Any currently operating program may have a reasonable period of time to adjust to the requirements of this Act.
The program is limited to children under the age of three, although they may stay in the program if they enter before the age of three. The program is limited to dependent children. Language is added to the intent section regarding funding for the first year and going forward. Existing programs have a reasonable period of time to meet the requirements of this act.
The committee recommended a different version of the bill than what was heard. PRO: This bill provides the framework for superior courts to adopt ECCPs, promoting the emotional well-being of the infants and toddlers being a top priority. There will be less anxiety and stress for both the children and the parents. Permanency will be achieved in a more timely manner, which is better for everyone involved and saves money. Infants and toddlers are overrepresented in dependencies. Washington has the second highest rate of dependency children under the age of one in the country. COVID has threatened the stability of families—this will help everyone navigate the dependency process in a way that is more engaging and supportive of families. Washington is considered a leader in early education policies based on science and research. There is a program in Pierce County, also modeled after the Zero to Three national model. Adopting this state-wide model will help this model expand, and help with private and local funding efforts. This model incorporates the voice of those with lived experience in the child welfare system. Some parents never had a chance to parent, the increased communication and family involvement this model emphasizes will change this. Early exit from dependency means better outcomes and lower costs.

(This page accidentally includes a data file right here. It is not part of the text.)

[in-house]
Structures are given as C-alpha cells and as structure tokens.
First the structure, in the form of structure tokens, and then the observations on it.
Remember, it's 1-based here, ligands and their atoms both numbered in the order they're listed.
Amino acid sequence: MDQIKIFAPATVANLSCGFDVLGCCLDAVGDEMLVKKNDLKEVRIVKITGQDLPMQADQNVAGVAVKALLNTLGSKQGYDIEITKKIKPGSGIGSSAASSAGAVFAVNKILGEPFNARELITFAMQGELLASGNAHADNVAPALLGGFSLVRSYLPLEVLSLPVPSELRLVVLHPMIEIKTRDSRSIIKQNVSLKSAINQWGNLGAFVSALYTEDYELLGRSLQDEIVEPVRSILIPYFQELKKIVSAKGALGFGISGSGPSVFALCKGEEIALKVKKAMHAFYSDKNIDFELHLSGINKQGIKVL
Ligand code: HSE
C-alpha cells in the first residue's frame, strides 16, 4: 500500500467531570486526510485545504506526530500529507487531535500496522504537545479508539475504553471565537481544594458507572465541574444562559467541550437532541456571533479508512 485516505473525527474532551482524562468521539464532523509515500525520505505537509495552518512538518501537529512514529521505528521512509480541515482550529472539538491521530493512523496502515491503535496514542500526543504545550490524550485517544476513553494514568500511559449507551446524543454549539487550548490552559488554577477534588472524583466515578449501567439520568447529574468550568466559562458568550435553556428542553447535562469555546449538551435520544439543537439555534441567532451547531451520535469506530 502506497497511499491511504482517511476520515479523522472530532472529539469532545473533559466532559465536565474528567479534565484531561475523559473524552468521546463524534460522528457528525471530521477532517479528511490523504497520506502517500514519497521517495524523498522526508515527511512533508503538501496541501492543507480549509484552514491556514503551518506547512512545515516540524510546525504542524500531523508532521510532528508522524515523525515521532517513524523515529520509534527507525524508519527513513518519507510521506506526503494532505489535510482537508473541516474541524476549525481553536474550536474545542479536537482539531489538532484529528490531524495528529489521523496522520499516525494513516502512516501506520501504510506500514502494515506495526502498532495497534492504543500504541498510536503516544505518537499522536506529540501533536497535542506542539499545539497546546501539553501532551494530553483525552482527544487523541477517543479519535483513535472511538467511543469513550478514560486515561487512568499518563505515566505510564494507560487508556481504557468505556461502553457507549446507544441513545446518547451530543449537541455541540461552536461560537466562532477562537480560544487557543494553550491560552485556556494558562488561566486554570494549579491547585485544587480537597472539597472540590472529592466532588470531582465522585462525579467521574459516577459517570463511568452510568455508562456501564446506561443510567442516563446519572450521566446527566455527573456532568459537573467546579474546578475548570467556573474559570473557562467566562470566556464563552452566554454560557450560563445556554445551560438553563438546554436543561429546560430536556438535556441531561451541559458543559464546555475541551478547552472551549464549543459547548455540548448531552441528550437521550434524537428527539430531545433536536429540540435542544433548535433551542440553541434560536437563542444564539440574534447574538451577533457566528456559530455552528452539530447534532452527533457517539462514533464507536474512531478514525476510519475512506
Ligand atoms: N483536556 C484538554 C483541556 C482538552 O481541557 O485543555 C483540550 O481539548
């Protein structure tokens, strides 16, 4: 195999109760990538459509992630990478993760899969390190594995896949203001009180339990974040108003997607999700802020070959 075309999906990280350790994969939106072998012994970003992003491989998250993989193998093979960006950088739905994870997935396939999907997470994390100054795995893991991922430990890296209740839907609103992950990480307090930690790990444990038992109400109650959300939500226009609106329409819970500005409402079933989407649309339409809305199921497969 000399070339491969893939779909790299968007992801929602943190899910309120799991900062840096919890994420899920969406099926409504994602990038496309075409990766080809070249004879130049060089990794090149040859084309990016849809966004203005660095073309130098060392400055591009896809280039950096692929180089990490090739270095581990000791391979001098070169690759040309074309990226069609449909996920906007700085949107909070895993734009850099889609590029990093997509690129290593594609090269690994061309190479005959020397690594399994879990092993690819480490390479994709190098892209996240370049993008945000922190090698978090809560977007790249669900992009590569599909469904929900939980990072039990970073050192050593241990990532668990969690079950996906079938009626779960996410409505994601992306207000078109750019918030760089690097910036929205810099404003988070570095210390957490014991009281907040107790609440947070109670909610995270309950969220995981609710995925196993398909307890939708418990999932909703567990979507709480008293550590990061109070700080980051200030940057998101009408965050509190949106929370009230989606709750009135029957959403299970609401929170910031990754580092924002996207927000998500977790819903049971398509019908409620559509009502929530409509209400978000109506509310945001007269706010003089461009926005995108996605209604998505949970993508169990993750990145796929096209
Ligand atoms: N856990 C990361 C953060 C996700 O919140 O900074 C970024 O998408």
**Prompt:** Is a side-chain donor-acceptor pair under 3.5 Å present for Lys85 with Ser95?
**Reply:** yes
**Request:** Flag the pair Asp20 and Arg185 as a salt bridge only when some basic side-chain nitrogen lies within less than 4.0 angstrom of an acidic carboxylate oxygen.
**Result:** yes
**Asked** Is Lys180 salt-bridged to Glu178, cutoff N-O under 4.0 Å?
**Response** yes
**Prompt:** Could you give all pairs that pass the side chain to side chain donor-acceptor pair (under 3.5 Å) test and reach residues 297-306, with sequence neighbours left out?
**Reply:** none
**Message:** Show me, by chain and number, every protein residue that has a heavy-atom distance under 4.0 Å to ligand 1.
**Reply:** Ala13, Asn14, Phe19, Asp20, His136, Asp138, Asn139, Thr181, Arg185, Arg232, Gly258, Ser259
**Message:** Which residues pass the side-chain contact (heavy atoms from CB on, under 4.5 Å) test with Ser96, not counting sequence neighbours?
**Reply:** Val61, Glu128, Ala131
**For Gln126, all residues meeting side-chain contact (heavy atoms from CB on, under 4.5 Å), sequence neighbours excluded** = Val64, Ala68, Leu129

PRO: This bill addresses childhood needs and makes financial sense. Estimate this would provide $14,000 in savings per family served and exceeds per family costs by 64 percent. Longer term public savings should be substantially higher. This program is nationally recognized. Initial spending to launch three cohorts in Washington has been secured. Additional Health Resources and Services Administration funding is likely to be available.